How would you structure your message to make it effective for your audience?
I recommend changing unilaterally what we’re trying to do, not trying to get better at the old mistakes, and I’d start with strategy. Good strategy is thinking what we want to do and where we want to go in the conversation, while assuming we’ll face obstacles and be taken by surprise. Good strategy gives us forward motion through the landscape of the conversation and keeps us realistic about what is possible.
It takes a “What have we got here?” point of view—thinking about where we are and where we could move, where the counterpart is and is likely to move, where we want to get and what’s in the way of getting there. It keeps us focused on both the situation we have and the one we want—without blaming our problem on our counterpart or on ourselves. What makes it good is something new and unexpected in tough conversations: unilateral three-way respect. A tough conversation with a strategy based on three-way respect—respect for ourselves, for our counterparts, and for the problem between us—is a conversation in balance. It’s hard to slide from there into warfare, even if our counterpart is not respecting us back.
A balanced conversation based on three-way respect helps with tactics, too. Self-respect in particular helps us stabilize in the face of our own emotional reactions and brings us in from the extreme poles on the range of response. Good tactics keep us from overreacting to our counterpart, and let us neutralize the thwarting ploys to which we’re vulnerable.
When people learn how to avoid treating conflict conversations like warfare, even if their counterpart has a combat mentality; when they can find and keep their balance in tough conversations rather than fall prey to their own emotions, no matter how their counterpart acts; when they can talk about problems between them using what I call “the blueprint for speaking well in tough moments”: clear content, neutral tone, and temperate phrasing; then they can work toward good outcomes without ratcheting up, giving in, or compromising their integrity.
How can people get through the hardest conversations, while still maintaining their reputation and relationships?
“Studies show that the two most common traits of top executives who derail are brittle relationships and inflexibility: they alienate the people they work with and they can’t adjust their style.”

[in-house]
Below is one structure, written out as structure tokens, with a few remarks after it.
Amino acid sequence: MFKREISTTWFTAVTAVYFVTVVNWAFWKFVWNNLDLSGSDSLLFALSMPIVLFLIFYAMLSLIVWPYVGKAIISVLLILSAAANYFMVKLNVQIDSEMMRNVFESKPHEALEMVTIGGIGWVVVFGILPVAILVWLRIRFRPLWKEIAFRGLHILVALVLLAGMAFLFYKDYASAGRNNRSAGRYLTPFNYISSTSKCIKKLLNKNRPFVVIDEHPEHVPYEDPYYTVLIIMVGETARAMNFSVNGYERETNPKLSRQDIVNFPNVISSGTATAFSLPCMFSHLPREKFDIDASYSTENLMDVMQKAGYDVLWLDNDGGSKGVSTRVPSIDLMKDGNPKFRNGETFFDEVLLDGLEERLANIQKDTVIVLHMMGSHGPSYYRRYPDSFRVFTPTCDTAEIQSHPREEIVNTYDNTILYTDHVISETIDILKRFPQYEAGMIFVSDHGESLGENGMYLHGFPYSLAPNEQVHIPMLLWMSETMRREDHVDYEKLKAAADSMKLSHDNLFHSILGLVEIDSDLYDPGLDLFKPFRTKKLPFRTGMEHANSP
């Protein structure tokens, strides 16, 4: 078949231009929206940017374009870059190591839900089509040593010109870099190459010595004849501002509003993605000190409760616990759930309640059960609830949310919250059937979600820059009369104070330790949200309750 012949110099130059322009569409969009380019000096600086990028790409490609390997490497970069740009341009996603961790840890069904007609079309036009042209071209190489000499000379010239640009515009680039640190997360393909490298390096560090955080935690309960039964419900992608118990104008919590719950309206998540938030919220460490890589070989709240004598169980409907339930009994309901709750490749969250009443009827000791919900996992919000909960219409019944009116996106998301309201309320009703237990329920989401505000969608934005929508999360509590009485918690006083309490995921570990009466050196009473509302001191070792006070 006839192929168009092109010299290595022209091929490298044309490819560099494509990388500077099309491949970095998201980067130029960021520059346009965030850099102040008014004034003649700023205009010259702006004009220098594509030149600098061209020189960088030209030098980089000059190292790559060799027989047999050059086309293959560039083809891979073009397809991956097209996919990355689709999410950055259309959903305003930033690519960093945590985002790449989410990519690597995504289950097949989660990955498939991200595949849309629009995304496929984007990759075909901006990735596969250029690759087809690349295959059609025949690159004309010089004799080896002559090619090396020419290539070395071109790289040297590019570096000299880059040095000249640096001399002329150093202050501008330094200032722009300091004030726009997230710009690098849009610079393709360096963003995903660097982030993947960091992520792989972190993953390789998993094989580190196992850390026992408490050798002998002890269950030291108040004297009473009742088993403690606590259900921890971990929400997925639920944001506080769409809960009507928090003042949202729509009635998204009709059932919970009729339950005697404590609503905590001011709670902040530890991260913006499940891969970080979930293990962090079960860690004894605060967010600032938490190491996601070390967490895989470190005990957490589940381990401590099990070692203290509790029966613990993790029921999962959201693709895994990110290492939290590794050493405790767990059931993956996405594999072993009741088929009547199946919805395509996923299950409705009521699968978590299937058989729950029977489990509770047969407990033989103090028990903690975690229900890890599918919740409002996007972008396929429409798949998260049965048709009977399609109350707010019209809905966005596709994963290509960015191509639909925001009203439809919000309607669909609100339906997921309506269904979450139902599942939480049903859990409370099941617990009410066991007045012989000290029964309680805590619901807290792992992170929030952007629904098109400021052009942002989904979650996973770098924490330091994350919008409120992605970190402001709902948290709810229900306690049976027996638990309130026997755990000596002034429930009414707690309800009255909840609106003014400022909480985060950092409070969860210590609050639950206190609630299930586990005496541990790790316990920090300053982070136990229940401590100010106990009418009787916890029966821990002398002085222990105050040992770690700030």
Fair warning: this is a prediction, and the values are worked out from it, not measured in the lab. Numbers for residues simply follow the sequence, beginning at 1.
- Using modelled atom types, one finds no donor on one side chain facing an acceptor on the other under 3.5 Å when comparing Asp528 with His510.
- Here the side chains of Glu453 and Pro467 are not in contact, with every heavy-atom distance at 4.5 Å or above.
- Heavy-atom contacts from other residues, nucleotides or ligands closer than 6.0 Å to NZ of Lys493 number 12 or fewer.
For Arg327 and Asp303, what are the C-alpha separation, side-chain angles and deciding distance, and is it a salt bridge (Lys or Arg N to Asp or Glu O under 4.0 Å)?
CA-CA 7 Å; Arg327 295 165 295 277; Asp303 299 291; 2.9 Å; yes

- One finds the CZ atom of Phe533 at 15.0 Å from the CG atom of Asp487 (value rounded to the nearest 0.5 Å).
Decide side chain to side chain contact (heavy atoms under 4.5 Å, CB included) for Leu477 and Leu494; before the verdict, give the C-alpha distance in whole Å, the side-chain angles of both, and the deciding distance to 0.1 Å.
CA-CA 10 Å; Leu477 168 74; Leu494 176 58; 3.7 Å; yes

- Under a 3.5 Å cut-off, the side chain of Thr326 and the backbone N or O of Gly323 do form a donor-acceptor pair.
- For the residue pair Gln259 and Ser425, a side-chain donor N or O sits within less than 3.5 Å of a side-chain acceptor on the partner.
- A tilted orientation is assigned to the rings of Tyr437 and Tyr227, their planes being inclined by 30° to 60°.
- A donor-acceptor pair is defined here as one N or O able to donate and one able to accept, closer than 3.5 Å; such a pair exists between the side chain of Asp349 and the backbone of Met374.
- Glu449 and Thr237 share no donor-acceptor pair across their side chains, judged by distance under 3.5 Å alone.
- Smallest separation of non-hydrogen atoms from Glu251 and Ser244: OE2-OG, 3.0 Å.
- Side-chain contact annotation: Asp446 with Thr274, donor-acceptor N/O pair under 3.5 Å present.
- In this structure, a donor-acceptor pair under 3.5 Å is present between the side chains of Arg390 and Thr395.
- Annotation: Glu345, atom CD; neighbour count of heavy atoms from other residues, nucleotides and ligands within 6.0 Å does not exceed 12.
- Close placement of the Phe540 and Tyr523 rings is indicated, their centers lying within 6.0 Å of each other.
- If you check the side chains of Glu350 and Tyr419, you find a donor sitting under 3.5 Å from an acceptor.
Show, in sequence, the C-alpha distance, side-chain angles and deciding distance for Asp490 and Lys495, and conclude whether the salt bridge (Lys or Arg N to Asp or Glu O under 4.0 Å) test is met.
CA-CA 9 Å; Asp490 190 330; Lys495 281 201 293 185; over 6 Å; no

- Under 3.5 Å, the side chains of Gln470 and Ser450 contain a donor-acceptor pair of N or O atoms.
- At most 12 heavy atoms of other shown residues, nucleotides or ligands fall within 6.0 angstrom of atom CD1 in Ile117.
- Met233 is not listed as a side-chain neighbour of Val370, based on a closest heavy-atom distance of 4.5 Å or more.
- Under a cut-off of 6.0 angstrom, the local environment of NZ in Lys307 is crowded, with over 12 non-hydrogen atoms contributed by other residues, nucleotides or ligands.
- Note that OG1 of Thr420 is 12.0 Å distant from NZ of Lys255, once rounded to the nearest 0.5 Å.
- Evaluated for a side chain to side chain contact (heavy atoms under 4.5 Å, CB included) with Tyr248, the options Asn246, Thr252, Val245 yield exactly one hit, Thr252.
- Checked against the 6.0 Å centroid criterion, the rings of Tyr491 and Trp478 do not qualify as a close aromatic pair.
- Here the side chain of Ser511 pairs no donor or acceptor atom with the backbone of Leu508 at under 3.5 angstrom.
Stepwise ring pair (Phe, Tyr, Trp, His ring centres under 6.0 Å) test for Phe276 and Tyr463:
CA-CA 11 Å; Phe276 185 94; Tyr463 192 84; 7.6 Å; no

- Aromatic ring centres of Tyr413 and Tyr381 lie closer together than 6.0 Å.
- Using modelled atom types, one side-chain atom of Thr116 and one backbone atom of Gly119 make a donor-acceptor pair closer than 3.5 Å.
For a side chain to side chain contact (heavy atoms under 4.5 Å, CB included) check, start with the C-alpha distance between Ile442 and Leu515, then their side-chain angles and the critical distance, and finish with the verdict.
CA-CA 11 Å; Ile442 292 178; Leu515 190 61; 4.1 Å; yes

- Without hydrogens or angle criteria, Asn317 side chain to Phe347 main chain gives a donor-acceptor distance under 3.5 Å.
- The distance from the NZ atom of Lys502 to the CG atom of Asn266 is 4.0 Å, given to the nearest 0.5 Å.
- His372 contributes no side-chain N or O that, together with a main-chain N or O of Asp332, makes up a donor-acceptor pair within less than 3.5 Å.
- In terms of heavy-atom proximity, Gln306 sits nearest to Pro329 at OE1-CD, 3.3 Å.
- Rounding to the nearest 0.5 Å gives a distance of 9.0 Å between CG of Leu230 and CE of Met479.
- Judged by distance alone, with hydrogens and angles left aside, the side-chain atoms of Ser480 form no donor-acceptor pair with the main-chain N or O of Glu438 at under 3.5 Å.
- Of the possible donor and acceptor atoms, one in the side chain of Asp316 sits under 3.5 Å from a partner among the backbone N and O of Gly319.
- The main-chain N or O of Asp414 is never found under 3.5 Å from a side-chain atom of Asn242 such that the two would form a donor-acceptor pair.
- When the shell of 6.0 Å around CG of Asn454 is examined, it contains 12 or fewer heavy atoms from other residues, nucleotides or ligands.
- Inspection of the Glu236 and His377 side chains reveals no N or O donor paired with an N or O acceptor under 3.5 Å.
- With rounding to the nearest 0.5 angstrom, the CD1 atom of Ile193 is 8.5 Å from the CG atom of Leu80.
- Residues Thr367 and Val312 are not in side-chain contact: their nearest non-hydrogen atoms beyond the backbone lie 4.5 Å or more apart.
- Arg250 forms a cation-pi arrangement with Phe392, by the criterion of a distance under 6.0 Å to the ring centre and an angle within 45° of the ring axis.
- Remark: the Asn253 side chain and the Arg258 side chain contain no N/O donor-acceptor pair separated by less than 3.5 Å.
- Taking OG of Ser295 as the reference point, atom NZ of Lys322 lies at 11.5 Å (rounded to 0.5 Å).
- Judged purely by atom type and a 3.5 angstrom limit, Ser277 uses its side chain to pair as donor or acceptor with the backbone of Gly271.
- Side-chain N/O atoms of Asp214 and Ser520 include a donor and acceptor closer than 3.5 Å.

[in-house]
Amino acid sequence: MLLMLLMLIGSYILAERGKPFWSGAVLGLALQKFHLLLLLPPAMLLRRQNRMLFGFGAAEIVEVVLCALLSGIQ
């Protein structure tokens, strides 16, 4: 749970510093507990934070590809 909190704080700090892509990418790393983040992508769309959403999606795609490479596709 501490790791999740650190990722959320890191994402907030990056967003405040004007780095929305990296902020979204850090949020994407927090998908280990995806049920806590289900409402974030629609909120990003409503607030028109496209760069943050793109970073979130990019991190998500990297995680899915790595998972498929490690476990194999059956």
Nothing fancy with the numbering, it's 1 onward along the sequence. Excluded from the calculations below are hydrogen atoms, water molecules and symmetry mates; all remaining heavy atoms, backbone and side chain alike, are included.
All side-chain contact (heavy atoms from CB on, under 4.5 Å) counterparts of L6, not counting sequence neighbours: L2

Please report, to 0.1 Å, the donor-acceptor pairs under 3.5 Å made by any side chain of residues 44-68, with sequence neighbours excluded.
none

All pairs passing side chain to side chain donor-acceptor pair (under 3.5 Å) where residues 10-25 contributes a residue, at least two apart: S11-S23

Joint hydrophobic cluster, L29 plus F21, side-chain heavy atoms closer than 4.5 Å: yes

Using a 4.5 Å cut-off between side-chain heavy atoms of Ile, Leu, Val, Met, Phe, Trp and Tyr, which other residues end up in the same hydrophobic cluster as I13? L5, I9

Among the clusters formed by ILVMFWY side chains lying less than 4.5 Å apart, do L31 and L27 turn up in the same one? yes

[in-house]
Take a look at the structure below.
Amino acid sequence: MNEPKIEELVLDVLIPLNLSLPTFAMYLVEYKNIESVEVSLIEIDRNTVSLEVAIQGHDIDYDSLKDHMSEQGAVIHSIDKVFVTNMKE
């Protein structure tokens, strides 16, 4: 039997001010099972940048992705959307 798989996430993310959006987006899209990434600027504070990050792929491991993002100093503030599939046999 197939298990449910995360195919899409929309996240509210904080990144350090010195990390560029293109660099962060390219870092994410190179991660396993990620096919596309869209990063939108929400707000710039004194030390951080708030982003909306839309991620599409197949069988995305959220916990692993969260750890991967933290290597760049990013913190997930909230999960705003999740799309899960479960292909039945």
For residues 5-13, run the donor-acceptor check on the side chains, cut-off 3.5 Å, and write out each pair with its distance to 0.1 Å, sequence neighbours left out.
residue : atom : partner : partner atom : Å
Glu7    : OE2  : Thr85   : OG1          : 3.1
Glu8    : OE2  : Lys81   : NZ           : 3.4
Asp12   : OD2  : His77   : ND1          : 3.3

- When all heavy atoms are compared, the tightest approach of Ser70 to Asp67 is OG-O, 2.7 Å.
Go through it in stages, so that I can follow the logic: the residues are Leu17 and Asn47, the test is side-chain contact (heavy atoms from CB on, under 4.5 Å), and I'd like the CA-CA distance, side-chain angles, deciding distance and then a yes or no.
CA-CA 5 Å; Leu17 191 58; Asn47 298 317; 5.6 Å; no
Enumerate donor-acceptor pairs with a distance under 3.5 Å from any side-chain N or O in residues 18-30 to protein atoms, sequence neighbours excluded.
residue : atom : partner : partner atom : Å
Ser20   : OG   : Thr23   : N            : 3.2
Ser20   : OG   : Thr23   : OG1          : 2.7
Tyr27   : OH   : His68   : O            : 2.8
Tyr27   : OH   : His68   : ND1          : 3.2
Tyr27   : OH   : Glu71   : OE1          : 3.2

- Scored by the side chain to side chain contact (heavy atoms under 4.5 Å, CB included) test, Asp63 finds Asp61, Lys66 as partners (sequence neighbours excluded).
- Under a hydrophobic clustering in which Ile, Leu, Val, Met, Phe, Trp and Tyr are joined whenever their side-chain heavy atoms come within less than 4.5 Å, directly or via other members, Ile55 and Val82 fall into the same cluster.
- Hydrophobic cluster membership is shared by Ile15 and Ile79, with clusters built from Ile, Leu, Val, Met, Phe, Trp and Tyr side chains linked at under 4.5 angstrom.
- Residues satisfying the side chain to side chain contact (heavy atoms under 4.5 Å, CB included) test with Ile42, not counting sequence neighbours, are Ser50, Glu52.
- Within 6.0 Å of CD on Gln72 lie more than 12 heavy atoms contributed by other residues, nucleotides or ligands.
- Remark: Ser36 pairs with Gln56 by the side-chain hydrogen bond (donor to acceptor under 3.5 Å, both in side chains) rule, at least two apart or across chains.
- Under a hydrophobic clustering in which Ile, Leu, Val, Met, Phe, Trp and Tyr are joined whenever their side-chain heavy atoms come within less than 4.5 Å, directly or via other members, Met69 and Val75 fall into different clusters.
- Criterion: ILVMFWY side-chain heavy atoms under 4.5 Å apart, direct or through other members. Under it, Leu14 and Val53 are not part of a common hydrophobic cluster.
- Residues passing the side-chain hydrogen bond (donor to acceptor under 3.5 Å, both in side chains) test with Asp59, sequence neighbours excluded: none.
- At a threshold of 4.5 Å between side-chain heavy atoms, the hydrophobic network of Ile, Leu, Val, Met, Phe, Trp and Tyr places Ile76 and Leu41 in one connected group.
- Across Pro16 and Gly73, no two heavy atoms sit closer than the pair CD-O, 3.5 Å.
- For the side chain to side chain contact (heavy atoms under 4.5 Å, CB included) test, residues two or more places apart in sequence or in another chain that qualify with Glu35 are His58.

In contrast, the combination of self-respect and respect mentioned above is a distinct leadership trait: how we handle ourselves in tough conflicts defines our reputation and our most important relationships.
In difficult conversations, the keys to success are good strategy and tactics for handling the hard parts well; balance between extremes; and three-way respect: self-respect, respect for your counterpart, and respect for the problem between you.
We can also work toward a clearer view of what happens in tough conversations and begin to see them unfolding in recognizable and manageable ways. (My book, Failure to Communicate: How Conversations Go Wrong and What You Can Do to Right Them, will get you started.) We can develop the skills to make our way through them, even when the conversations are unpredictable, big emotions are in play, and our counterpart thinks we’re at war. It’s our best way out of failure-prone conversations with our reputations and relationships intact.
Holly Weeks, Adjunct Lecturer in Public Policy, teaches, writes, and consults on communication issues. As principal of Holly Weeks Communications, she consultants and coaches on negotiation and written and oral communications issues. Her book, Failure to Communicate: How Conversations Go Wrong and What You Can Do to Right Them (HBS Press, 2008) emphasizes difficult communications. Weeks is a keynote speaker, presenter, and seminar leader at national and international conferences for groups interested in increasing their skill and expertise in communications. She is a speechwriter and teaches Vision Speeches in the Urban Superintendents Doctoral Program at the Harvard Graduate School of Education, and has taught Management Communication in the Harvard Business School MBA Program. .